Learn by context
If you’re a fan of manga or Japanese literature, this is for you!
Dig up some simple material, and sit down and see how far through it you can get. This is a great way to find new characters to learn and to practice reading the characters you’ve already learned. You can also use websites, blogs and social media to find Japanese texts to immerse yourself in. This is a great technique for motivating your study and keeping it relevant and important to you. Find everything that you love about Japanese language and culture, and use it to make study exciting!
Learn by immersion
Planning a trip to Japan? There’s your study route!
In the lead-up to your trip, make a list of all the times you’ll need to read kanji (restaurant menus, street signs, commute details, event details, etc.), and learn everything you can within each category. The study will continue upon your arrival too, of course! There’s no carrot to keep yourself plodding along like a trip on the horizon!
Baby Step 3: Solidify Your Learning
Drill, drill, drill
This has got to be the most boring part of the process for me. But there’s no point learning all this stuff only to find that you can’t recall it when the time comes. Nihongo Shark has a great, super-detailed step-by-step method on drilling, to give you an idea for one way to structure your practice.
I’m an analogue person, I like to write kanji down while repeating the reading(s) and meaning(s) aloud. I make my own flashcards and carry them around in my wallet. I can understand why some feel that learning to write kanji is a bit obsolete, but writing stuff down forces me to concentrate. As I mentioned earlier, I learn some kanji basically from pure muscle memory, just by writing and rewriting the character, and others I learn just by writing them within sentences and paragraphs. For a great post about learning and practicing writing kanji, look no further than this FluentU post. For those of you a little more engaged with the 21st Century, there are flashcard apps like Anki and even video-based flashcards from FluentU.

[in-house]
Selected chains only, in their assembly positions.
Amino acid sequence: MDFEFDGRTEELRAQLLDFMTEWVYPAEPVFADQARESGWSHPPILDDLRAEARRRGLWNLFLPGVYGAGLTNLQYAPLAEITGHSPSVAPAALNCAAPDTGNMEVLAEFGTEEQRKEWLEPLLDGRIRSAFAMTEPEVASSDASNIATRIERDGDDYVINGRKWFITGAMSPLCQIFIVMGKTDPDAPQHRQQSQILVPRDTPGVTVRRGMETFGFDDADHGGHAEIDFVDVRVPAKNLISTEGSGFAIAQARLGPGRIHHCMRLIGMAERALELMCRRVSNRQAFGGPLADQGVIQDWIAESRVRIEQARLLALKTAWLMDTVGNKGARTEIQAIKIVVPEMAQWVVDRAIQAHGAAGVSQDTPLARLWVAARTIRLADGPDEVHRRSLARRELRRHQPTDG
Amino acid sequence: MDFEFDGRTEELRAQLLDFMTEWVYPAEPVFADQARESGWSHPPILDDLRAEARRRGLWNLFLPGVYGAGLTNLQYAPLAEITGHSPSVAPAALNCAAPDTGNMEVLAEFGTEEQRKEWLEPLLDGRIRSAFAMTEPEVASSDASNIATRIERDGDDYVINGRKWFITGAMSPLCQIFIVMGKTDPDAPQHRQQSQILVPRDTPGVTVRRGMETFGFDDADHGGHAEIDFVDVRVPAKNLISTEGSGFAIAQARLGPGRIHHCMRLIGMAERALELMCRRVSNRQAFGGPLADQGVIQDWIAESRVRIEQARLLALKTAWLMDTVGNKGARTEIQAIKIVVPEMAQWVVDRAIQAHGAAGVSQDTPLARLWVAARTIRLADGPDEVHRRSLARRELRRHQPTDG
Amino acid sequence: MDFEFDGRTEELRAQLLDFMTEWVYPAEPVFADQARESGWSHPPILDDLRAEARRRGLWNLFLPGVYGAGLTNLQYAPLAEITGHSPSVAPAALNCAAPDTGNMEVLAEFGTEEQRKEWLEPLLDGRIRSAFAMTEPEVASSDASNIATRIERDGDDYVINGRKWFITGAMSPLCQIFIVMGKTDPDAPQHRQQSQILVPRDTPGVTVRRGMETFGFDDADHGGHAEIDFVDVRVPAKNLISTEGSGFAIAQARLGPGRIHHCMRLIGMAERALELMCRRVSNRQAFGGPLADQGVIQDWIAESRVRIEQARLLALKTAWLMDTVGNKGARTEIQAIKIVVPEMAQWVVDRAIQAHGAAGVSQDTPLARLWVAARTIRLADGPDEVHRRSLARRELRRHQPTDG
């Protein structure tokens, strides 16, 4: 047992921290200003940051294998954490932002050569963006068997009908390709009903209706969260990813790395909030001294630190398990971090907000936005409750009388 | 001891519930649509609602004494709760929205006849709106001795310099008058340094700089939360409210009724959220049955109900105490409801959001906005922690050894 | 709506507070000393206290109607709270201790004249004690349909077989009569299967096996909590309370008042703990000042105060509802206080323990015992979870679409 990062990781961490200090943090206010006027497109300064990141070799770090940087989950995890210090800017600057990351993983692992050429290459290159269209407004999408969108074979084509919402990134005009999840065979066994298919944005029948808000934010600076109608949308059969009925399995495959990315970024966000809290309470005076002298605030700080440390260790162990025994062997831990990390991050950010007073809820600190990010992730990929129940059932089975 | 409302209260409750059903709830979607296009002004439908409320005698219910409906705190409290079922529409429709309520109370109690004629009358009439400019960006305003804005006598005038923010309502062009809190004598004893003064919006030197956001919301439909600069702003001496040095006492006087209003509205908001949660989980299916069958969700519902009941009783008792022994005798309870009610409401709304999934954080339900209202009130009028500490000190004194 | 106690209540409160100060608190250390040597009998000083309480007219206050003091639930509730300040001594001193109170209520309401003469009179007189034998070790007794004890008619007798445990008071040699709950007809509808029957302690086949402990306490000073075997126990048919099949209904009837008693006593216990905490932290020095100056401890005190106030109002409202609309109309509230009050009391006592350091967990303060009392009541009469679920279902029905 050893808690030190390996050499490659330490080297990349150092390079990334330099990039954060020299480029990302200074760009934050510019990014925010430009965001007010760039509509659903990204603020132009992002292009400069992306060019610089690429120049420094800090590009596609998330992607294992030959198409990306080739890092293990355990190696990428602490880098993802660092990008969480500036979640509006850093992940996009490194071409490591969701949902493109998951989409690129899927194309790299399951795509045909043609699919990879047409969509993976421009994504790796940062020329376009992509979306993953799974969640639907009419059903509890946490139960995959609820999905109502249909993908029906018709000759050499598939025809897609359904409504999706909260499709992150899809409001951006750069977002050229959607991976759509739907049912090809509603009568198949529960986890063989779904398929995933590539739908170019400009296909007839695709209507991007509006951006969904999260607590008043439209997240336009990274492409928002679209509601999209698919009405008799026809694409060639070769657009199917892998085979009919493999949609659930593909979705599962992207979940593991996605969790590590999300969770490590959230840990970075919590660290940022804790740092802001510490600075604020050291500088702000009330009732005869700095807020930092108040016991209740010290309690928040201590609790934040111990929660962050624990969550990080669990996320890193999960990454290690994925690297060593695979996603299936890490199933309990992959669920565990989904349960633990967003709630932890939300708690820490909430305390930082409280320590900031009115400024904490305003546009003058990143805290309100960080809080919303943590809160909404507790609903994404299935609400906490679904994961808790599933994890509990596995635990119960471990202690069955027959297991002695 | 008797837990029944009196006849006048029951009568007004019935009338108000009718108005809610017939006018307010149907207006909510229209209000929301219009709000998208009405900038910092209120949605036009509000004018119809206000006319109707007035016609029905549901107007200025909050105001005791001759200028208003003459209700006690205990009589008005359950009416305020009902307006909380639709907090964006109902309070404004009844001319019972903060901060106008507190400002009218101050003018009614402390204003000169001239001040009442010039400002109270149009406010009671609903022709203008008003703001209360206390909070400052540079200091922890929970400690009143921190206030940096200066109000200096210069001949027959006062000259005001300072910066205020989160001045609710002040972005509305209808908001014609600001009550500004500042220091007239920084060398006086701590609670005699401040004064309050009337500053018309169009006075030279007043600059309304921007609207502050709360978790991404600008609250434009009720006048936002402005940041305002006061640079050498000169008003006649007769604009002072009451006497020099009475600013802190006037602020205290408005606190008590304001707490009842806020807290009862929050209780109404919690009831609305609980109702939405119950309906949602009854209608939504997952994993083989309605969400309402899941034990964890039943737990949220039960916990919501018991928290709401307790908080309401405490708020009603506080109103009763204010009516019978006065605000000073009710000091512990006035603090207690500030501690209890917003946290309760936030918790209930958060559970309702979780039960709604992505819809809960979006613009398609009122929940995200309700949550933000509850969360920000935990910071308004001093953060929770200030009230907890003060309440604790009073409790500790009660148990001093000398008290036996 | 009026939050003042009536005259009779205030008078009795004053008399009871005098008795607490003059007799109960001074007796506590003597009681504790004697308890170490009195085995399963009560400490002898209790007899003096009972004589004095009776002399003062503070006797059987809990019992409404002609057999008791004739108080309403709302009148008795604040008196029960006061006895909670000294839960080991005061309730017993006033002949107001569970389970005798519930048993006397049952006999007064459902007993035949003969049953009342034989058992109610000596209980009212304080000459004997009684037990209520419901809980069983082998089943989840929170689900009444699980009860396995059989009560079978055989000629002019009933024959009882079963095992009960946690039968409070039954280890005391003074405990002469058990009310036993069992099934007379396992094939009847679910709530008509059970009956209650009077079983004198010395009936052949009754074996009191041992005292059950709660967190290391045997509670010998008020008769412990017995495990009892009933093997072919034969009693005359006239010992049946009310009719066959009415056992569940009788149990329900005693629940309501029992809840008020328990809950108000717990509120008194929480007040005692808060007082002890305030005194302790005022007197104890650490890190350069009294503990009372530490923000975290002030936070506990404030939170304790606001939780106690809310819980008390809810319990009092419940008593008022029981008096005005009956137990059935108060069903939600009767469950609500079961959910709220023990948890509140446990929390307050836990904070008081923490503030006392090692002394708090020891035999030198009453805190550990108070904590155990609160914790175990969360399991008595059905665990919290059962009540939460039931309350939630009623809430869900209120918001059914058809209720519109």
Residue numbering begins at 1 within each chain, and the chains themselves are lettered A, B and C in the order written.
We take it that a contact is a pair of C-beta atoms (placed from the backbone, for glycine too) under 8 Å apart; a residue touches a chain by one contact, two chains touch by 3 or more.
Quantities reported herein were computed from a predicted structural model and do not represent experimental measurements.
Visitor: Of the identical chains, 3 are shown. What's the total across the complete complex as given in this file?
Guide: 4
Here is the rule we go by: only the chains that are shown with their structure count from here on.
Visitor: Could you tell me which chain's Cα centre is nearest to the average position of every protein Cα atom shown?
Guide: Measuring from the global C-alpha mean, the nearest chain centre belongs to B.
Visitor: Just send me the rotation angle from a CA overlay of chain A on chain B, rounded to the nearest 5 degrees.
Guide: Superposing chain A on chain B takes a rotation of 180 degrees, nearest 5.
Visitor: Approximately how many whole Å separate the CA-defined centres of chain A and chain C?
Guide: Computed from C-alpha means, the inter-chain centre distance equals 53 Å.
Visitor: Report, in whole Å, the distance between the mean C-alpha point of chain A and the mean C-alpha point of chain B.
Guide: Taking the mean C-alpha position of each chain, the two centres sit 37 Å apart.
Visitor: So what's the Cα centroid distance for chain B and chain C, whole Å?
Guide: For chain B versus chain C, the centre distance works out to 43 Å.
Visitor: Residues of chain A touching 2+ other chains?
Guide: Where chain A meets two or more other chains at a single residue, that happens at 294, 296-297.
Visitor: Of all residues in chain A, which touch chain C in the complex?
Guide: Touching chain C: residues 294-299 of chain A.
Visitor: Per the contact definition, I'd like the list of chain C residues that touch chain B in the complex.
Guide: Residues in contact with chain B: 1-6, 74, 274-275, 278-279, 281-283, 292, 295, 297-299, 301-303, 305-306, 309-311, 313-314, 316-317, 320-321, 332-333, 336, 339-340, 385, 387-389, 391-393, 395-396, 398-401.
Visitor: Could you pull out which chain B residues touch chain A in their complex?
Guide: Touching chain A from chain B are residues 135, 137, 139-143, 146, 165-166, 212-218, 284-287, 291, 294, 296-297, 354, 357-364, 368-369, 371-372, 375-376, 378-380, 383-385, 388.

A great way to get this stuff into your head (and back out again!) is to use mnemonics to assign stories and associations to radicals or kanji. The brain is really good at remembering stories, and the stories themselves can help your brain to recall the character. Mnemonics is a learning technique that uses stories and associations (i.e. something you already know) to learn and store a new skill or memory (i.e. something you don’t know). A mnemonic can be anything (a word, a story, a picture, a song, an acronym), as long as it’s distinct and can be strongly associated with the kanji that you’re trying to learn.
I tend to make up funny, and often totally absurd mnemonics, because I find that I can recall them much faster than serious (and perhaps more tangible) associations. However, what you decide to use is totally a personal call. Whatever seems to pop up most easily in your brain is what you should go with!
Make practice fun!
Visuals. Along with all my posters, I have a blackboard in my office that I cover with kanji every week. I’ve decorated it to make me want to look at it every time I glance up from the computer, so I end up doing a quick sight-reading practice. I don’t write the readings or meanings on the blackboard, so if I forget either I have to look them up in my notebook. It’s an easy, passive practice that keeps me up-to-date when I get sick of flashcards.